Sat/18, 8 p.m., $5. Madrone Art Bar, 500 Divisadero, SF. www.madronelounge.com




CHEAP EATS To a lover, love is bigger than anything, including reality, including practicality, reason, distance, sense, and in many cases, cornbread. So when a lover speaks to a lover of "the reality of," you know, "the situation" … you might understand or even agree, but afterward you will need to put a sweater on.

Reality checks, like hip checks, send you. What can you do but regain your skates and glide along?

What I meant to say about Brick Pig’s barbecue is: yum. Well, like a lotta barbecue, it’s inconsistent. Both times the brisket was great. But the pork ribs wavered from bone to bone. One would be tough and dry, another just fine, and anothernother fantastic.

Same with the beans: first time, great. Second time overly mustarded and therefore not so great.

What was consistent was the sauce. Get hot, you’ll be fine, and it’s excellent. And the brisket. And the place, which is small and perfectly atmospheric, with faux brick wallpaper and a couple of small tables for eater-inners.

How I found it was, well, I already knew about it for a while, because I would always see it after I’d just stopped at Flint’s for barbecue on my way to band practice. And I would always make a mental note, driving by, to check out Brick Pig next time. But I’m not known for my mentality, where barbecue is concerned. It’s more like an animal thing, so, so long as Flint’s entered my field of vision first …

Well, I don’t live in the North Bay anymore. I live in Oakland, meaning I have to drive up Shattuck to get to Flint’s, meaning I now see Brick Pig first. Still, when my new neighbor Lennie asked me where to get barbecue, I said, out of habit, "Flint’s." And then I went to work, which in this case was cooking dinner for the kids downstairs.

Lennie peaked her head in a little later and said, "We’re going to Brick Pig’s. Want us to bring you anything?"

I wasn’t hurt they weren’t taking my advice. I was hurt because I was on duty and would not be able to join them. "No thanks," I said, stirring whatever was cooking. "But if you have any leftovers … "

You don’t have to know me long to know me. She finished my thought, or rather, perfected it. "We’ll save you some," she said.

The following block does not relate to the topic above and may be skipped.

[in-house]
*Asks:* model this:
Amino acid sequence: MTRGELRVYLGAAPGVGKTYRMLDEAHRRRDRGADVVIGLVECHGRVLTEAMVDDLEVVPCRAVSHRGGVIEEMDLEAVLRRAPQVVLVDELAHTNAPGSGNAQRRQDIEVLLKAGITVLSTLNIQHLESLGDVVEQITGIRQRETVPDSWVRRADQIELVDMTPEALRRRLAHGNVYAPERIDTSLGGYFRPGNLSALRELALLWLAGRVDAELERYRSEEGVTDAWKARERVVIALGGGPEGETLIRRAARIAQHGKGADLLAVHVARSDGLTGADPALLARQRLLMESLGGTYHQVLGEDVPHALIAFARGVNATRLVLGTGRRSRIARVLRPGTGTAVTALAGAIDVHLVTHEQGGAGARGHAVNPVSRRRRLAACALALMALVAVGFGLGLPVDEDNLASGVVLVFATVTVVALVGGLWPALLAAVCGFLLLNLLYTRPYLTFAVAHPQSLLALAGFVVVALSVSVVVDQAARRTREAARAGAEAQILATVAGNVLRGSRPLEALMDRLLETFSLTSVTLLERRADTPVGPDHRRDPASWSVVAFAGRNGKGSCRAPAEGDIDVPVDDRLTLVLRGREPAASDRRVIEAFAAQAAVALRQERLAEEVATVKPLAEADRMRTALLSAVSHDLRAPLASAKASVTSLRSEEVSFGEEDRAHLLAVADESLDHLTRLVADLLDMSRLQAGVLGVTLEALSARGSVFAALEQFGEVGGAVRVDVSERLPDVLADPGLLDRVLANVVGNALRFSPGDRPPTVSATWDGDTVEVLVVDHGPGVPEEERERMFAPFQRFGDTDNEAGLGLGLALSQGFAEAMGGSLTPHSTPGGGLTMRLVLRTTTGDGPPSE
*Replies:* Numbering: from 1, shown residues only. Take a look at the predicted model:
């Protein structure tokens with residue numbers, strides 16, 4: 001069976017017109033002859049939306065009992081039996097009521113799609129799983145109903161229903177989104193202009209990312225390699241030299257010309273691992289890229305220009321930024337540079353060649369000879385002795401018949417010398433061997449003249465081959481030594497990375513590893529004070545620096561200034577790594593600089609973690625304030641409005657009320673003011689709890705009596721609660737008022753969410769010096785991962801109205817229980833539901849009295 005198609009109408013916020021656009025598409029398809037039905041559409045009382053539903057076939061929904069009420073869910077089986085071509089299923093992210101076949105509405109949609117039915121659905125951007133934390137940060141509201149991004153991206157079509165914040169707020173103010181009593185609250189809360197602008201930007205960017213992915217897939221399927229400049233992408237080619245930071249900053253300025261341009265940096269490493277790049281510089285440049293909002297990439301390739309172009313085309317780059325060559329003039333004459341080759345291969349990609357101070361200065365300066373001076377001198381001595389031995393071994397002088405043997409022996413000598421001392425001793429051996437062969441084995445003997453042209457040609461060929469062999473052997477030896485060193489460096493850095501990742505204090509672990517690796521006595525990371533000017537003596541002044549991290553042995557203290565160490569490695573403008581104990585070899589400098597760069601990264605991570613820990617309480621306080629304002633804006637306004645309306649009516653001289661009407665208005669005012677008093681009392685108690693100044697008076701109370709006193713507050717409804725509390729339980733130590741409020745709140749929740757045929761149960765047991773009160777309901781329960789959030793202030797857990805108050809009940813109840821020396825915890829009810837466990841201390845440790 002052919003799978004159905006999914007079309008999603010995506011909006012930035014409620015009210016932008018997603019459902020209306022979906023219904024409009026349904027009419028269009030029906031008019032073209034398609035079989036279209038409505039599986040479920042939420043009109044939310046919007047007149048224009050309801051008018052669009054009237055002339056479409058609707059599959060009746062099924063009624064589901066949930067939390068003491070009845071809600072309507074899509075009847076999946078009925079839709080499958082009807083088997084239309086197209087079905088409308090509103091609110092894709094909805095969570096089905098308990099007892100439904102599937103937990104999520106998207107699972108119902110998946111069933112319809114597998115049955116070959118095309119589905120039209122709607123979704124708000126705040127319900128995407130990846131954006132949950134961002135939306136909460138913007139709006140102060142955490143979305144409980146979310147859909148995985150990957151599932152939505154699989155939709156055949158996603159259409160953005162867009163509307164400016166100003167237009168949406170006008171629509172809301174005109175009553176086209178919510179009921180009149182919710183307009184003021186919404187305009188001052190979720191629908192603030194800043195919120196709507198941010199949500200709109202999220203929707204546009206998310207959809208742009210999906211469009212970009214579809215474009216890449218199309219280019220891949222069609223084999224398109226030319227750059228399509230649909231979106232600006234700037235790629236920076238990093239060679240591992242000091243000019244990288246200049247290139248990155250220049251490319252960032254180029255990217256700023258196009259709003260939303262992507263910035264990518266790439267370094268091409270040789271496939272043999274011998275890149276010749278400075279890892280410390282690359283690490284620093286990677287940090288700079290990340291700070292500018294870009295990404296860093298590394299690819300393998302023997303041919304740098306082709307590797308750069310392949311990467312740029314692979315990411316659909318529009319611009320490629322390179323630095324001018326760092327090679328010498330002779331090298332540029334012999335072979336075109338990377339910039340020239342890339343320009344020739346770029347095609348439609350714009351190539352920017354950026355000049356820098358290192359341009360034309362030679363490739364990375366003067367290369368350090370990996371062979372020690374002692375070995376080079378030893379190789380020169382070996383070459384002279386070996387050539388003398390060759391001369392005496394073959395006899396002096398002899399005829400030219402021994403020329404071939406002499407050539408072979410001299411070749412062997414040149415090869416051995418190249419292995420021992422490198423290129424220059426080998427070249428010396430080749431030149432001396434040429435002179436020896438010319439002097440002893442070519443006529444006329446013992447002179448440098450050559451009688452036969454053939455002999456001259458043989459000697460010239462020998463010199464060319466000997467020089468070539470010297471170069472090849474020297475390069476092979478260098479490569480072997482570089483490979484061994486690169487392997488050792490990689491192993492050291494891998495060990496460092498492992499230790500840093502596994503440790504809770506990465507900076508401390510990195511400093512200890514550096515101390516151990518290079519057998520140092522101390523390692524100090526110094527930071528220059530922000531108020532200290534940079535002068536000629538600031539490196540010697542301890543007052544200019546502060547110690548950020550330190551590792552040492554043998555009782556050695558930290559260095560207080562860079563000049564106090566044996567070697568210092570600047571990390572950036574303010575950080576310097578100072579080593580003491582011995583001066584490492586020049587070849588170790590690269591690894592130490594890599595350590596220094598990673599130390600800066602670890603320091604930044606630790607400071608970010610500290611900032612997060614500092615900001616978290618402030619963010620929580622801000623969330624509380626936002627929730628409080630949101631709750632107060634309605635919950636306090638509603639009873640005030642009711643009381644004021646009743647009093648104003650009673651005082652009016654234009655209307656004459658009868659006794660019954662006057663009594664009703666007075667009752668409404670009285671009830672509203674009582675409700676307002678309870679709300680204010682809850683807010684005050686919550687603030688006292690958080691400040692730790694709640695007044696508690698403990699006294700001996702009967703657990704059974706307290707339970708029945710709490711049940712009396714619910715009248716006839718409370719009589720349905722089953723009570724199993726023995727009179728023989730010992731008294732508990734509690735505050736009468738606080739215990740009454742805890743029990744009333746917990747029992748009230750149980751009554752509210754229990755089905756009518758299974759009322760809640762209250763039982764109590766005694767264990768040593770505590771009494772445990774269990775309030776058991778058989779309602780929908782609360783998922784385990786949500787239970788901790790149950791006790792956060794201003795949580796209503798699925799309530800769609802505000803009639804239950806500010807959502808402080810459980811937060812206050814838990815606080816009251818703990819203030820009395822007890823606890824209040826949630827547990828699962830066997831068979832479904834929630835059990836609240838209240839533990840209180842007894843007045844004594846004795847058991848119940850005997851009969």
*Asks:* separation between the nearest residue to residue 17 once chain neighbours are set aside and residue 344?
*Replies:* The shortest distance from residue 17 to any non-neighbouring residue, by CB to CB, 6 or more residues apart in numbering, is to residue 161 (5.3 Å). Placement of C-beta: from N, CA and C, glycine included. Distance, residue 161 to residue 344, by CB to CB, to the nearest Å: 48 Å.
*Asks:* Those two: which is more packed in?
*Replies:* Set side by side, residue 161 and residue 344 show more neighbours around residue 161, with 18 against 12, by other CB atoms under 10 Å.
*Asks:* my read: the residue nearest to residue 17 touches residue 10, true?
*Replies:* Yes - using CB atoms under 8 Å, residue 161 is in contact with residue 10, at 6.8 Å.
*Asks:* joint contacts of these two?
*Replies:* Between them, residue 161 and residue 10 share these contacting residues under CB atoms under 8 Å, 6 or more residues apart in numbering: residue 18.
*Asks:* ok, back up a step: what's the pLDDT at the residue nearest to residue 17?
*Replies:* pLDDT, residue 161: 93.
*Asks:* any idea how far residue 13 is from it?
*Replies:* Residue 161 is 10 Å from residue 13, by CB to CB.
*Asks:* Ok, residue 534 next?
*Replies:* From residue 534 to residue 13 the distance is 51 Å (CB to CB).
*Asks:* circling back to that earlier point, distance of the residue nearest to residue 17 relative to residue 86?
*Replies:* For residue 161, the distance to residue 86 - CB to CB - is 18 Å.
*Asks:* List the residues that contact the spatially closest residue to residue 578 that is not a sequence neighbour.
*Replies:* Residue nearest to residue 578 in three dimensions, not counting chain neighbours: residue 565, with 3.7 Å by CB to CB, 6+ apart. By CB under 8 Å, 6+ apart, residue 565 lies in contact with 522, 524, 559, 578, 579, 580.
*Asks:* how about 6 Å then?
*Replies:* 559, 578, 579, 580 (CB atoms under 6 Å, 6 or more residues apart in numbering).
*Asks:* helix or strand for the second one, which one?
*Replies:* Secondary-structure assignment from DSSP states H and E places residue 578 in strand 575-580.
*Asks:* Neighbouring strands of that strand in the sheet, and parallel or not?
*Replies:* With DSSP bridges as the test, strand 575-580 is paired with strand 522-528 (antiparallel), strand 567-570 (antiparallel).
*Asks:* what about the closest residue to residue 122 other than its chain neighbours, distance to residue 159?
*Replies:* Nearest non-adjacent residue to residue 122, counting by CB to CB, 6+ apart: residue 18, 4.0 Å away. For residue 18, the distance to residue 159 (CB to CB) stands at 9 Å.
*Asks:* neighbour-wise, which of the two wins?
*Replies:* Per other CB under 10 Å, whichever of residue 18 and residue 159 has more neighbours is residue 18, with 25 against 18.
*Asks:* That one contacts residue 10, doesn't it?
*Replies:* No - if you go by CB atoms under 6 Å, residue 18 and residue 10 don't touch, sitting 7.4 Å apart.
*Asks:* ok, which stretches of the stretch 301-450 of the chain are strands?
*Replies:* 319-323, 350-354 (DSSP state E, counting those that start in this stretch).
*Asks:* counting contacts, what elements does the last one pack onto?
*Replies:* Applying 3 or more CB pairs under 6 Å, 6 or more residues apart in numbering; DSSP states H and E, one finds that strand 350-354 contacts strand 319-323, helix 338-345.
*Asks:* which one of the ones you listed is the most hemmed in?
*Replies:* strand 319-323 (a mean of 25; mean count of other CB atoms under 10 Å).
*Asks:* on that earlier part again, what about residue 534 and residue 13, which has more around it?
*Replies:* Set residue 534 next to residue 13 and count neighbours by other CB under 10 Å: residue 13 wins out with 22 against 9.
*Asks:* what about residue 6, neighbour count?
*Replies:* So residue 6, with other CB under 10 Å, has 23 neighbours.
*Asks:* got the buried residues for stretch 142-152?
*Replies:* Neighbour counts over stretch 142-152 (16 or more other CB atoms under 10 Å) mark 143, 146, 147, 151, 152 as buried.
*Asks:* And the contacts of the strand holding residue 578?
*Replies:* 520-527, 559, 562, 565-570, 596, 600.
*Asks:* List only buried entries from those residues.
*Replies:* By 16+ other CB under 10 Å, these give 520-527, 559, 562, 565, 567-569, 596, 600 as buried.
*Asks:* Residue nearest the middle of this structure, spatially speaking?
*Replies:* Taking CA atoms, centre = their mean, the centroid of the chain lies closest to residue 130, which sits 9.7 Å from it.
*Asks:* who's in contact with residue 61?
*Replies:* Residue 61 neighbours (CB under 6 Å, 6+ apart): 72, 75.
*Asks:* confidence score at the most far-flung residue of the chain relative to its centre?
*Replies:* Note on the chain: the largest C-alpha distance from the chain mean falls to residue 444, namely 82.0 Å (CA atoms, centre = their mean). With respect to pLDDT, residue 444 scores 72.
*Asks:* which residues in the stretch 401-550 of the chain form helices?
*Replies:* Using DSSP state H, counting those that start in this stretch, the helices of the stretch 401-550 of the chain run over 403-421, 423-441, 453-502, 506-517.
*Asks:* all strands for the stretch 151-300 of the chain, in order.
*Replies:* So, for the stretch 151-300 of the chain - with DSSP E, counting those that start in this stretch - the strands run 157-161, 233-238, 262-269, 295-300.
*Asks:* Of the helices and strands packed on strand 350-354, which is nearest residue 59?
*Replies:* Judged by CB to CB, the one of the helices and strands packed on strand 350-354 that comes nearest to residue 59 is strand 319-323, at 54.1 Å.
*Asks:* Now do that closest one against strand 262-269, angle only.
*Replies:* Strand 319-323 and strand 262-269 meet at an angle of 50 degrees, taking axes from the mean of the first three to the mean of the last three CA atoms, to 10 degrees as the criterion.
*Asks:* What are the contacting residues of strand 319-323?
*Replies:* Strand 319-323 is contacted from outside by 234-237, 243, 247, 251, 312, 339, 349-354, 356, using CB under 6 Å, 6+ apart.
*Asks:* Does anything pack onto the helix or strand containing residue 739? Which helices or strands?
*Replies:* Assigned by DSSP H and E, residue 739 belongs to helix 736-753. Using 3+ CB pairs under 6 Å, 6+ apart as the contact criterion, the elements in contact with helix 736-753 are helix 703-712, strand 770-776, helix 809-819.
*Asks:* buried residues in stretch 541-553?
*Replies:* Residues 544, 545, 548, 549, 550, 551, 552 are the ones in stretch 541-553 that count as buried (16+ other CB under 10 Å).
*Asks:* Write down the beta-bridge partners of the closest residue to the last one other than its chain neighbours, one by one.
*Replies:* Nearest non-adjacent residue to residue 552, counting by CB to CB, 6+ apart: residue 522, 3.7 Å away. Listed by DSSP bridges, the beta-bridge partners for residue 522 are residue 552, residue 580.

And she called while the kids were in the bathtub. They’d saved me some. I would only have to run across the street and back, but if anybody drowned or anything on my watch, I knew I would never be able to enjoy barbecue ever again. I decided to play it safe. I said I’d come by once the kids were sleeping.

So story time was hard. I kept losing the thread, and mixing metaphors. My point-of-view character accidentally died, very near the beginning, and then, because I’d stopped talking, perplexed, the kids took over. Once they start telling the stories, forget it. You may as well put on a pot of coffee and light them each a cigarette. They’re that talented.

Meaning my first taste of Brick Pig barbecue was cold and crusty by the time I got to it, but still: I licked the plastic clean. For my second taste, I took the childerns with me, and Lennie took hers, and that equals four childerns. Ma and Pa Brick House were happy to see everyone, at first, and broke out games and puzzles for the little ‘uns while they put our to-go order together.

Kids aren’t known for tranquility. They’re cute, as a rule, but peace is not their strong suit.

By the time we left, of course, Ma Brick House was singing a different tune. The lyrics were, "You know, you can call your order in, next time."

That was the time of the over-mustarded beans and pork-related inconsistency problems. As testament to the resilience and/or forgetfulness of adults, the next time I went, which was just a couple weeks later, first stop back from Berlin, Ma House remembered me and asked where my kids were. She said I shoulda brought them in with me.

I said, "I don’t have kids."


Tue.–Sat.: noon–8 p.m.

5973 Shattuck, Oakl.

(510) 923-1789

No alcohol


L.E. Leone’s new book is Big Bend (Sparkle Street Books), a collection of short fiction.

Paving the way for privatization



City officials are considering shutting down the municipal asphalt plant — the source of material for repaving roads and fixing potholes — in order to facilitate construction of a private plant on the waterfront that the city would agree to help finance and support over the long term.

While the privatization plan is being billed by project proponents as a way to save money during tough financial times, it raises questions about whether relying on the private sector for this essential material could hurt the city’s ability to make emergency repairs and ultimately end up costing taxpayers even more.

For the cash-strapped Port of San Francisco, which will make millions of dollars leasing land for the new facility, this is unquestionably a good deal. But for the rest of the city, which is losing a potentially valuable public resource it has operated since 1909 when the first municipal plant opened, the answer is a bit less clear.

Douglas Legg, manager of finance and budget at the Department of Public Works (DPW), argues that the municipal plant is not cost-effective and that the city would pay less if it contracts with an outside vendor. In a 2006 study, Legg found that the city’s cost to produce a ton of asphalt was $75 while private plants offered it for $67.